And then you have Emma.   Even though she is set to begin pre-school next week,  she has already had the opportunity to attend classes for the past two weeks.   On her first day of pre-school a couple weeks ago,  Fehmeen observed this little Emma-ism in person when she picked her up.   As the majority of the class was gathered around the teacher on the carpet for story time,  Emma was seated on a chair next to a little boy who was suffering from the effects of too much saliva.  There she was wiping the drool from his chin as soon as it would appear,  just like she does with her daddy at home.

No matter how hard you look,  you won’t find that on any syllabus.

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Love ’em or hate ’em,  you just gotta respect ’em.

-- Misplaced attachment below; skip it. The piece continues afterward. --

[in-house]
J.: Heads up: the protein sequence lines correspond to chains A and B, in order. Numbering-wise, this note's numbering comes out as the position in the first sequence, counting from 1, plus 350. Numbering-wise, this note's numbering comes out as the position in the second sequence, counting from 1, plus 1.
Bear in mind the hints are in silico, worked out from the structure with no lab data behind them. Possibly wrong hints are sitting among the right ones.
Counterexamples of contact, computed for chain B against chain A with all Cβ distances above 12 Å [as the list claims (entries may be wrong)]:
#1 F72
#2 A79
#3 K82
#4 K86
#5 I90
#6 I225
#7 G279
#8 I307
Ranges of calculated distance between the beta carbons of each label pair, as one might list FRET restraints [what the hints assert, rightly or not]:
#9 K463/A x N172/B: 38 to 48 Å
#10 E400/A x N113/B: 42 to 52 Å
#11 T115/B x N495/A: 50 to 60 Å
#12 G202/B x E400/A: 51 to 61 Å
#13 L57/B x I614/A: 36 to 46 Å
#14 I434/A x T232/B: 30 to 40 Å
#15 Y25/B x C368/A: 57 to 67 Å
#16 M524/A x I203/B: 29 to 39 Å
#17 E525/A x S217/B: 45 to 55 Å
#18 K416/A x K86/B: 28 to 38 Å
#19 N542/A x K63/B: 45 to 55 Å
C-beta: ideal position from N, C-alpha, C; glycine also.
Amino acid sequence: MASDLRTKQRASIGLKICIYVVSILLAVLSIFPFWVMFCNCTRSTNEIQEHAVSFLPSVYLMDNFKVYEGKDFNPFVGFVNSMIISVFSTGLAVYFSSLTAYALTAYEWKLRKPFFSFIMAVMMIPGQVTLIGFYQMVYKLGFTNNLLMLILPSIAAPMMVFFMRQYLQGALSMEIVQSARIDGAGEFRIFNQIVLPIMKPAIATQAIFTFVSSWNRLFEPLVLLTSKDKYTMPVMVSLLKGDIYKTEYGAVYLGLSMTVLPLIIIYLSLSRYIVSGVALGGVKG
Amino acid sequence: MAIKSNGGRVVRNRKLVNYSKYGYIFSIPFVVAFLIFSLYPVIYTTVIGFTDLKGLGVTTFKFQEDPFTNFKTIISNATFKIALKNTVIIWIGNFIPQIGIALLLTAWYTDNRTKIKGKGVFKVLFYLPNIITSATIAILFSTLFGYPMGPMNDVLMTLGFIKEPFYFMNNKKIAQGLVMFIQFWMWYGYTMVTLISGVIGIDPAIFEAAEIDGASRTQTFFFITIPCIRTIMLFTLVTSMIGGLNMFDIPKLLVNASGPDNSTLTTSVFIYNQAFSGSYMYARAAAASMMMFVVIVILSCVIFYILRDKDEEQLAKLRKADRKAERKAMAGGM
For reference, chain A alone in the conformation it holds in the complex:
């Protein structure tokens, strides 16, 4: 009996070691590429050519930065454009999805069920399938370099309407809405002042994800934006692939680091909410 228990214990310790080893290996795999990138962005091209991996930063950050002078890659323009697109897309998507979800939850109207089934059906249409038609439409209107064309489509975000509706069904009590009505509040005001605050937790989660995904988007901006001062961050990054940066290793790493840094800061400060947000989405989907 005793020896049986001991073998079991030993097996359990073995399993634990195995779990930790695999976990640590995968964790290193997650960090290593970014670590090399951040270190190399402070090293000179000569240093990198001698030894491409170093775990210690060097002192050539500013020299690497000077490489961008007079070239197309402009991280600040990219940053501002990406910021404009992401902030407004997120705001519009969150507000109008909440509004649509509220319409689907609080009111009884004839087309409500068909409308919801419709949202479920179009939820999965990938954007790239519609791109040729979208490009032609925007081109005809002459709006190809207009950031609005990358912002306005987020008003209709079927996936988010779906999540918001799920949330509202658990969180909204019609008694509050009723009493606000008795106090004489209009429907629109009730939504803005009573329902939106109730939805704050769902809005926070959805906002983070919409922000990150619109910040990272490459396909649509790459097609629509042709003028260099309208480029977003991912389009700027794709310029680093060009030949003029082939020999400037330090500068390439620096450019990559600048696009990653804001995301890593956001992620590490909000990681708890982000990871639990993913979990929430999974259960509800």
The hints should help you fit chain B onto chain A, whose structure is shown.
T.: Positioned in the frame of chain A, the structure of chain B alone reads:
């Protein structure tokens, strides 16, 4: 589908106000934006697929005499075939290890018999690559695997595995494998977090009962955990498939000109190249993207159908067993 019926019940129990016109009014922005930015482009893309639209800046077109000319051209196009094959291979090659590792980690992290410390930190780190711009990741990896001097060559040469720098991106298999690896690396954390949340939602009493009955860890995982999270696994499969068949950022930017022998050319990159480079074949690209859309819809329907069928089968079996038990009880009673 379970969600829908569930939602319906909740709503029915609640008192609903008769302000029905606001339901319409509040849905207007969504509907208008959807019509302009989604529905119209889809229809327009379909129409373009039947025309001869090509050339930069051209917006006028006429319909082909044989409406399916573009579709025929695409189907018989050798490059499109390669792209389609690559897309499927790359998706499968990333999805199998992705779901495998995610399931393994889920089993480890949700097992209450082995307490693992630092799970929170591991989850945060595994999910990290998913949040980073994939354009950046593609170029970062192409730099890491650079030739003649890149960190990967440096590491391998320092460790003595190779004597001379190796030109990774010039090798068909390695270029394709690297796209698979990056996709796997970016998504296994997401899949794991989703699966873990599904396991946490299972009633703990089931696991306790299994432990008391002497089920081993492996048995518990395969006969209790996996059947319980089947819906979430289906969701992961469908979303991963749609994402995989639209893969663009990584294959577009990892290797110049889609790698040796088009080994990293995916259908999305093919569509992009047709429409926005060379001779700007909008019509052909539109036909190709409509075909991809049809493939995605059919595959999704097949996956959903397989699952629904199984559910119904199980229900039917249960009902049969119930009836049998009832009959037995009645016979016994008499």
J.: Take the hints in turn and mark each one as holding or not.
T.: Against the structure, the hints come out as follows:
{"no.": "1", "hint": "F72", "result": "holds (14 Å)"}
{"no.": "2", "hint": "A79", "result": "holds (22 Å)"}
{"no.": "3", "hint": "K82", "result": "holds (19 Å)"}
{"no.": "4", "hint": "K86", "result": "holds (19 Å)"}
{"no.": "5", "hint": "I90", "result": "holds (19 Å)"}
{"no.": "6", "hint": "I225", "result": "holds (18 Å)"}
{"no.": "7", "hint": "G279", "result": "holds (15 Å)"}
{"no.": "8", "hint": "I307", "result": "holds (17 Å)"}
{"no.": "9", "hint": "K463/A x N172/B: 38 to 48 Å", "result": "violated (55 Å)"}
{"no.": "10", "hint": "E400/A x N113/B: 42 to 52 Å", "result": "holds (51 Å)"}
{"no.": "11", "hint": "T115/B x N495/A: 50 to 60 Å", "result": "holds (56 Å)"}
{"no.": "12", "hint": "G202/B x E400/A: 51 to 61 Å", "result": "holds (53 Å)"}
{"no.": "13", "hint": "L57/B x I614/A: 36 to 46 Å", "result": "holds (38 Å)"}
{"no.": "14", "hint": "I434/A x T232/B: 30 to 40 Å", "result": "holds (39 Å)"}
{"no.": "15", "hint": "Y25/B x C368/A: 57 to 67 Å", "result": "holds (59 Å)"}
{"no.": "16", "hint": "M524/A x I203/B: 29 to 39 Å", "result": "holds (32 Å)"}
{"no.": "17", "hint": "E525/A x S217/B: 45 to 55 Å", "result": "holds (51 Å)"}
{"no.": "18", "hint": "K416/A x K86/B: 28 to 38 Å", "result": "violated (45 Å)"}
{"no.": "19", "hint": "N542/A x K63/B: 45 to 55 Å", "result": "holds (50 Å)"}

Philanthropic to a fault and more courteous and respectful than a young man asking his potential future father-in-law for his daughter’s hand in marriage,  these eight raven-haired ambassadors of decorum and dignity have burst onto the pop culture scene with such panache and aplomb that they are collectively destined to extend Mr Warhol’s statute of limitations with regard to fame for at least an additional ten minutes,  twelve minutes max.

Have you ascertained the identities of these eight upstanding citizens yet?

Do the letters G,  T,  and L hold any special significance for you?  How about if I spell it out for you?  Can I get a little Gym,  Tanning,  and Laundry around here?

Still stumped?  Then consider yourself lucky.  The folks to whom I am referring are none other than those lovable scamps known far and wide as the cast of Jersey Shore.

Oh yeah,  those guys.